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On the Grumpy but Sweet Harvey Pekar

Harvey Pekar—known for his popular comic-book series American Splendordied Monday at the age of 70. During his career, he collaborated with cultural historian Paul M. Buhle, professor emeritus at Brown University, on five books. The Chronicle asked Buhle about working with Pekar.

Q. You worked with Harvey Pekar on several projects, including books on the Beats, SDS, the Wobblies, and the New Deal. How did your collaboration come about?

A. I was working on my second historical comic, about the Students for a Democratic Society, and I could gather (in some cases writing about my own life) local stories that worked as scripts, but the big narrative was terribly difficult for me, probably because the collapse of SDS was such a huge disappointment in my younger life. Harvey happened to call me and he needed money. I offered him my advance if he would write the narrative. We started there and went on til the end.

Q. Pekar was known for his sometimes irascible commentary. What was it like to work with him?

A. He pretended to be grumpy. He was grumpy about making very little money for his work, and also about the rightward drift of America after his earliest years, in a family that admired FDR and hoped for a more egalitarian society. But he was truly sweet, generous and supportive of young artists.

Q. How was his viewpoint on life reflected in his work?

A. Harvey was able to conceive of his work as his life and vice versa. He may have borrowed the idea from his 1960s close friend, Robert Crumb, but he took it in a different direction, to deeply ethnic, blue collar Cleveland. Many of his early stories were about his own personal relationships but also about his neighborhoods, his job (work at the VA hospital for 36 years) and his interests, such as jazz.

Q. You're a historian. How did Pekar's perspective inform your interpretation of history?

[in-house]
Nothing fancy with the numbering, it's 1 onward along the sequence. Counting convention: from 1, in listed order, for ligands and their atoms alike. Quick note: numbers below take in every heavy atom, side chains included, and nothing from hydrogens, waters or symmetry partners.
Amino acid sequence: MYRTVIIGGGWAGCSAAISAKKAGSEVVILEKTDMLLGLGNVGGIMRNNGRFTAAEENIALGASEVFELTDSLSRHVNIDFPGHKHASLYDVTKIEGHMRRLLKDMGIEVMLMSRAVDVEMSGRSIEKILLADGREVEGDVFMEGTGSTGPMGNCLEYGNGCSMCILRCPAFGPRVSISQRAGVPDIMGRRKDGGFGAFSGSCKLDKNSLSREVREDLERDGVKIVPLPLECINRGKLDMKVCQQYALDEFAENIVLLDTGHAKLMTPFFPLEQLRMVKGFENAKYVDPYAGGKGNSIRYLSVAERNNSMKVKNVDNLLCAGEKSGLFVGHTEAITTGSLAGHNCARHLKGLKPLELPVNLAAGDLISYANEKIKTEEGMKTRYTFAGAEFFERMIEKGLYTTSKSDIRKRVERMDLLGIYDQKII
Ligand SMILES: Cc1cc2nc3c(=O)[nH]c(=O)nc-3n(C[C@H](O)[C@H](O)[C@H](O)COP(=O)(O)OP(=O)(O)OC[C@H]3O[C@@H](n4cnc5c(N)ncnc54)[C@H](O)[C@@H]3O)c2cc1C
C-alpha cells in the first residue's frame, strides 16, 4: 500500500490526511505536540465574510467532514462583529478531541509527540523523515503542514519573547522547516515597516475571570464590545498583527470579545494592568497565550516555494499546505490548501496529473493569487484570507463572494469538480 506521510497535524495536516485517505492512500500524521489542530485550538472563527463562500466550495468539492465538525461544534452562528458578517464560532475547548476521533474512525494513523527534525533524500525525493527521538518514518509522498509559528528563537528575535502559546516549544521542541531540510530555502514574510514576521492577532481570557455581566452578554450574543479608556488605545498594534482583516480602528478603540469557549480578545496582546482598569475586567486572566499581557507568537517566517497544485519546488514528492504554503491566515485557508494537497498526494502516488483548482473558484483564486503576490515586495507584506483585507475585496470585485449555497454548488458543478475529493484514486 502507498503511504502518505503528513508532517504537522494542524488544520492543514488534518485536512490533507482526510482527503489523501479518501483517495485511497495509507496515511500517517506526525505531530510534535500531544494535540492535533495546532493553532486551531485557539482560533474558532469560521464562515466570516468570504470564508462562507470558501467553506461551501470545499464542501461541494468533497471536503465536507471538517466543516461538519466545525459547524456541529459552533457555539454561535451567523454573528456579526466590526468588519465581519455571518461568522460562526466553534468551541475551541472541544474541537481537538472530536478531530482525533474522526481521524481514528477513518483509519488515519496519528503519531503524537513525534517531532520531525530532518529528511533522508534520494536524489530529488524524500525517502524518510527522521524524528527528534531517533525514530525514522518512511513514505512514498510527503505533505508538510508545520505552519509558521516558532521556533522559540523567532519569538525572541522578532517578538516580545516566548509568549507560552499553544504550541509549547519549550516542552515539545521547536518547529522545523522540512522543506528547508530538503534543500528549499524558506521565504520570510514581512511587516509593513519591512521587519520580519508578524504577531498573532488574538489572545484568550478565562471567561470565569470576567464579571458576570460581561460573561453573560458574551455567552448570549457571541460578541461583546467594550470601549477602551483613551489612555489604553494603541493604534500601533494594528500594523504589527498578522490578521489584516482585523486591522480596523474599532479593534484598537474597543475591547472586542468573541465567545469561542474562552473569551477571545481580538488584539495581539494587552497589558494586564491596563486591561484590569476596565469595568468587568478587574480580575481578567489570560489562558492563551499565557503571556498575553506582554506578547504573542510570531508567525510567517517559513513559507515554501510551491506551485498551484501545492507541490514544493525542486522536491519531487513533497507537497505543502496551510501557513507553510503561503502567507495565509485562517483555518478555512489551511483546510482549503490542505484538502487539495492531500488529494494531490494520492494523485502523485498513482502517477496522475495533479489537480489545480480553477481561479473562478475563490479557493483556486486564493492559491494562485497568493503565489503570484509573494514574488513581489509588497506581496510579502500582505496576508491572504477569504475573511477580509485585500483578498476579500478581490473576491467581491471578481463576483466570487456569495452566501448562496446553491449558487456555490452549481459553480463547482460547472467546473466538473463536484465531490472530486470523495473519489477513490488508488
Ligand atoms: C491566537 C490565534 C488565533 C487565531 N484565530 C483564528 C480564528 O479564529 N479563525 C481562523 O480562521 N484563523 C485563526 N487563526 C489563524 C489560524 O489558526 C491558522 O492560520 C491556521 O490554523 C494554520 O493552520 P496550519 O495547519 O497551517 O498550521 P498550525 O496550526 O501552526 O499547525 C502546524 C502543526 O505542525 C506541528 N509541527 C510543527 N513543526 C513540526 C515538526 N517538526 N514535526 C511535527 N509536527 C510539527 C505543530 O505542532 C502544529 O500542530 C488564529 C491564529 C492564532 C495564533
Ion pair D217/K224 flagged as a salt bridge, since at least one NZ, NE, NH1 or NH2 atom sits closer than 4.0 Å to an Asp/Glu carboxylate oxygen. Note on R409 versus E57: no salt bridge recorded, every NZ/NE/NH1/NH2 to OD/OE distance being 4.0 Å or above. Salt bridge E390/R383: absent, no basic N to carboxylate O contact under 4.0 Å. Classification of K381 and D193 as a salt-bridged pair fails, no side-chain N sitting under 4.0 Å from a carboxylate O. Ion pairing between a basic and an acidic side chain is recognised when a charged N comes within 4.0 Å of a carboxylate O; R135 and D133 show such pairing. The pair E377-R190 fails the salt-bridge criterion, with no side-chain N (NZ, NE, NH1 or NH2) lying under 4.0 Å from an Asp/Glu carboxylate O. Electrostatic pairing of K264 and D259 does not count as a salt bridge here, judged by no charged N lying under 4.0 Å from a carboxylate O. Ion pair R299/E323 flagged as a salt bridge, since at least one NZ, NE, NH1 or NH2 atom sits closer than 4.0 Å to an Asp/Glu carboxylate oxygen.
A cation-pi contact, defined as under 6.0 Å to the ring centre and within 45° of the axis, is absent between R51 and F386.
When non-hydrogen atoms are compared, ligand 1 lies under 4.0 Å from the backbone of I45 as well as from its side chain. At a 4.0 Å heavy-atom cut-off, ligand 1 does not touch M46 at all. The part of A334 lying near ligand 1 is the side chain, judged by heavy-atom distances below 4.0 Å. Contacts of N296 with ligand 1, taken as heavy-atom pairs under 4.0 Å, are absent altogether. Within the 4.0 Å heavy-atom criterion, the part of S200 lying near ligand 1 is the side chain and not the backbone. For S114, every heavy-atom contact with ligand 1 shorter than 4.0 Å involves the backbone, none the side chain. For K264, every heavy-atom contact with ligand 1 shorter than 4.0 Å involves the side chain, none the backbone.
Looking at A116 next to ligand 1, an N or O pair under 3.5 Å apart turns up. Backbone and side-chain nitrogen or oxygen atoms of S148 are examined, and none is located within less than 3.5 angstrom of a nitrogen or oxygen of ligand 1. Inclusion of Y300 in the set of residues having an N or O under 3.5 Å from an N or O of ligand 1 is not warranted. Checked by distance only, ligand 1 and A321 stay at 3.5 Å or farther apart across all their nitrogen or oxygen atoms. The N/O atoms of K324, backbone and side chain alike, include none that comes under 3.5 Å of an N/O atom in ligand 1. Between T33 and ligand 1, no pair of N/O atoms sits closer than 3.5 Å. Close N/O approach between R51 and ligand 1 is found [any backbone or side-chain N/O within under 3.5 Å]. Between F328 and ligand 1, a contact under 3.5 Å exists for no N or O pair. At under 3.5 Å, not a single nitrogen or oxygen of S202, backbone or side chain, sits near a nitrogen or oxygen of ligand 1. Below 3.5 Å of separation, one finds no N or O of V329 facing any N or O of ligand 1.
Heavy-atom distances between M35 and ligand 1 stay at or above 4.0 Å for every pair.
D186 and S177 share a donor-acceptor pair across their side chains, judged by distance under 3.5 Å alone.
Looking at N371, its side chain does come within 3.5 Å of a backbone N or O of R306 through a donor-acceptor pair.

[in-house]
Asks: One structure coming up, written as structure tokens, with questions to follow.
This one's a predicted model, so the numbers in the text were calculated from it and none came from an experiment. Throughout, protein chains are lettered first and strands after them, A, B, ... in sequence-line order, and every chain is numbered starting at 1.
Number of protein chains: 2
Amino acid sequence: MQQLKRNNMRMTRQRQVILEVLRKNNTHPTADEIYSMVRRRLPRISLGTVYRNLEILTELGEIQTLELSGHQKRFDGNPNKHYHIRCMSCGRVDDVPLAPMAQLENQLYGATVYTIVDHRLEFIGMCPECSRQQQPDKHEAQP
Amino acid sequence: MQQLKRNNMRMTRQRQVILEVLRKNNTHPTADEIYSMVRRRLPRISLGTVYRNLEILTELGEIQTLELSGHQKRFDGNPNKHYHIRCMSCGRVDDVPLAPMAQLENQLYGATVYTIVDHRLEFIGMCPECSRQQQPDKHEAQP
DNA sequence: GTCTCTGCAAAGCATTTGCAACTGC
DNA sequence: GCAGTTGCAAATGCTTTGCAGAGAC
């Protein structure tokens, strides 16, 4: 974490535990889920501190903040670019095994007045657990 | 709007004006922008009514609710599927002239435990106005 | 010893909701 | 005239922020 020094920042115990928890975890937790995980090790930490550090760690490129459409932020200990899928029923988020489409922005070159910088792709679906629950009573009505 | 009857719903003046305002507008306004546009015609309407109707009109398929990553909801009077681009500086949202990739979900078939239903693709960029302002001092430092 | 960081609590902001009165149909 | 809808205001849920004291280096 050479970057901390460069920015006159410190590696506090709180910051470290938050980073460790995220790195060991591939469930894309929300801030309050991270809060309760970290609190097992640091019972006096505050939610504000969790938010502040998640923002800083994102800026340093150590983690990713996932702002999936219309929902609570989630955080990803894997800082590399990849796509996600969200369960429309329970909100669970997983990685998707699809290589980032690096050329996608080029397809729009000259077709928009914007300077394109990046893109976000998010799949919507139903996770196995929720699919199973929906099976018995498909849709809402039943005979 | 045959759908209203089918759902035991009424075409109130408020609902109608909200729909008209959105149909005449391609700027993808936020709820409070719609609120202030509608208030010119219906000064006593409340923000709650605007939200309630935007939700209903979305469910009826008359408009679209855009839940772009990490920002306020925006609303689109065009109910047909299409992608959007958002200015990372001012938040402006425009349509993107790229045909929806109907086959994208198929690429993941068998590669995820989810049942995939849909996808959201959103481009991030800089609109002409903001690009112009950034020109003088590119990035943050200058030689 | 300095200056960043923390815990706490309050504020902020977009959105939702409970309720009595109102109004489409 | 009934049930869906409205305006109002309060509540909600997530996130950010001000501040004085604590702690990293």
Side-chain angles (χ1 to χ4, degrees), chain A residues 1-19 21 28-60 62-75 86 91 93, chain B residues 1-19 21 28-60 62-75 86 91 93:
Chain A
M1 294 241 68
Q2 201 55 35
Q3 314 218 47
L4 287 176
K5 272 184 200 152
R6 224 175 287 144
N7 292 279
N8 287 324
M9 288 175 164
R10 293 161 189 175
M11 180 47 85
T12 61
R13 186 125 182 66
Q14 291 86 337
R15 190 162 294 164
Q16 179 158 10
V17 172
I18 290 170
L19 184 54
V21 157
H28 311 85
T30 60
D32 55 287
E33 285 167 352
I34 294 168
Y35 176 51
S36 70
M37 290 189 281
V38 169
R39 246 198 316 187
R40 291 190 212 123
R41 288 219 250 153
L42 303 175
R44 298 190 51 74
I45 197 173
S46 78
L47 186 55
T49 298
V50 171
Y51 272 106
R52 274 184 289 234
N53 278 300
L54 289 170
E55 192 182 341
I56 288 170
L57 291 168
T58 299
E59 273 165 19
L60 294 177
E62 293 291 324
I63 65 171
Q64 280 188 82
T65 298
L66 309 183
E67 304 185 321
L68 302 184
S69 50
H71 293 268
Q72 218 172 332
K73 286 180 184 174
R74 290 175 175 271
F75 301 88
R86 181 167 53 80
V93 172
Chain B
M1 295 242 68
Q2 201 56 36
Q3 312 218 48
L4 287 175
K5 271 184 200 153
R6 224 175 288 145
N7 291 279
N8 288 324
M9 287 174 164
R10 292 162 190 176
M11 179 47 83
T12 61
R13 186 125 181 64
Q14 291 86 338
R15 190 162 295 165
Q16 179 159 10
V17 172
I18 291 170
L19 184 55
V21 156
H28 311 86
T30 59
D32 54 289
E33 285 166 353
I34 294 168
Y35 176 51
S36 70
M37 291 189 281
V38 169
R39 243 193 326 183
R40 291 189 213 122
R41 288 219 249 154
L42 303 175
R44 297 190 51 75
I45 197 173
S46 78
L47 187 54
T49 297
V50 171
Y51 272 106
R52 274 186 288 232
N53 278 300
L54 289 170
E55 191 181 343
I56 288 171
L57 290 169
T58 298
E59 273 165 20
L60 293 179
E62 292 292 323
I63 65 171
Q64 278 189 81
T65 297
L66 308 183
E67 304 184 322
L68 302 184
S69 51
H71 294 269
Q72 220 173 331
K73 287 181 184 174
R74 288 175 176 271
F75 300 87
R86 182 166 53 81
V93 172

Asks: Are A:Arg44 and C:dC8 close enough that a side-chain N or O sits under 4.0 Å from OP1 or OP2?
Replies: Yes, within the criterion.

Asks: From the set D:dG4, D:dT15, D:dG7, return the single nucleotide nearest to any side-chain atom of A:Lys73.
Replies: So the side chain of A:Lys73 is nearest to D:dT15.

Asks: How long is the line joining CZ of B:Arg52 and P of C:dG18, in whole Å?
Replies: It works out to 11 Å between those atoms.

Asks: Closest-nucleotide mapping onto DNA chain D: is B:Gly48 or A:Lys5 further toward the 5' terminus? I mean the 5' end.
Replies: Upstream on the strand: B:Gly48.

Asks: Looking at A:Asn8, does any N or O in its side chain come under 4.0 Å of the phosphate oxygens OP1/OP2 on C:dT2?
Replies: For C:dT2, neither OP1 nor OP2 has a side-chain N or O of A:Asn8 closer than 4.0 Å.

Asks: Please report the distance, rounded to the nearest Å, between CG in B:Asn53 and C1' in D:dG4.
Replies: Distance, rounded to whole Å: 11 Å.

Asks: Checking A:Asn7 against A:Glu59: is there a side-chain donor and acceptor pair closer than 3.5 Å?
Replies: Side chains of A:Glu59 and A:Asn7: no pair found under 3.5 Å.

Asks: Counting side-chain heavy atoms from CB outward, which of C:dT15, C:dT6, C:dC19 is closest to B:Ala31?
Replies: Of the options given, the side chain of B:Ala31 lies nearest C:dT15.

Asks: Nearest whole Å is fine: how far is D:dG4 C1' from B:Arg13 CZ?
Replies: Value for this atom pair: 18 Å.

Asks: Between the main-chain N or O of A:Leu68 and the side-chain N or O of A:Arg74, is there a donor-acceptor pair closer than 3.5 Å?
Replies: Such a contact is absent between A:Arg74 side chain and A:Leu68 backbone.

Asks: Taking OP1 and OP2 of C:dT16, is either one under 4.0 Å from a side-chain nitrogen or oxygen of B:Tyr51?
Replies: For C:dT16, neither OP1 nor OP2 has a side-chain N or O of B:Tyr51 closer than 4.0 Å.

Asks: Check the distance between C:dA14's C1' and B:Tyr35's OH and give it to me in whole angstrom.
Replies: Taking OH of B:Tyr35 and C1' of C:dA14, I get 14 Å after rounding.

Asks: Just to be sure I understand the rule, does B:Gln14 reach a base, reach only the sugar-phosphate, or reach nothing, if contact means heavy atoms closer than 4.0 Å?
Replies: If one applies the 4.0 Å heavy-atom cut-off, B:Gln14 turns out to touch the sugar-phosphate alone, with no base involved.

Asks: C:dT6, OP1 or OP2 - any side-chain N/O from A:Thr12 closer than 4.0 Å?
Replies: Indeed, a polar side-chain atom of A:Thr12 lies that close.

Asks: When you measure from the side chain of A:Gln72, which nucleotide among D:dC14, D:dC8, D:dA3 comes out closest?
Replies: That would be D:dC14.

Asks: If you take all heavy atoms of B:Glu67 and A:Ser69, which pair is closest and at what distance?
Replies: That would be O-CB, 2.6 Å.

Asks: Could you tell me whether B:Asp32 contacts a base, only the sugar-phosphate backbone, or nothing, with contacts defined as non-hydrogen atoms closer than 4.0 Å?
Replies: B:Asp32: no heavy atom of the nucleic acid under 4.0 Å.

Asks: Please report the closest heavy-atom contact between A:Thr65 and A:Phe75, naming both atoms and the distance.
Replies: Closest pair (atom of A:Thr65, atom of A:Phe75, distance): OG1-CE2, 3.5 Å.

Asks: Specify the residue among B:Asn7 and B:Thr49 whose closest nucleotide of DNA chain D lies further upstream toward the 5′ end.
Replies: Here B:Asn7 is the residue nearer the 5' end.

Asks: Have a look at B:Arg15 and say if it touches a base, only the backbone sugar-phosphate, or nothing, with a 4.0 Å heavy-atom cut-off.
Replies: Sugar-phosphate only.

A. I like to think that I broadened his vistas in his published work, in the sense that in our five books, he read very widely about large historical questions and developed scripts that tell the story differently from a scholarly study, but just as well and in many cases, much better. You didn't need to agree with Harvey's take on SDS or the Beat Generation, for instance, to see that he had strong opinions and a distinct aesthetic. He was deeply interested in history, as he was in literature and art. If I were describing some Cleveland setting, I would start with demography. He would start by describing a local Serbian restaurant he liked whose owner was actually a Croat, and so on: that was his way of explaining and exploring history.

Q. What do you think will be his legacy in the world of comics and graphic novels?

A. There were not many artists and writers (he never drew comics, but he gave artists very specific directions, along with dialogue) in the US whose work, before the turn of the new century, shaped the emergence of comics as an accepted, serious art form. Along with Harvey,  I count Robert Crumb, Art Spiegelman, Ben Katchor and Alison Bechdel. These were also practically the only artists of "alternative comics" who made a living. He expanded what comics can do. When I worked with him on the adaptation of Studs Terkel's Working, I realized—as an oral historian and teacher of oral history—that he was  also to comics what Studs was to the interview. He knew how to listen to people. He raised the level of comic art.

Q. Did you have another project in the works with him?

A. Yiddishkayt or Yiddishland (we are still debating the title) will, I hope, appear next year. It meant a lot to Harvey, a native Yiddish speaker. It's the story of secular Jewish-Americans who carried on the centuries-old legacy of Yiddishkayt, and did wonderful things with the language and culture until time ran out. His scripts for this book, to be published by Abrams ComicArt, are more than masterful, and he knew it.—Karen Winkler

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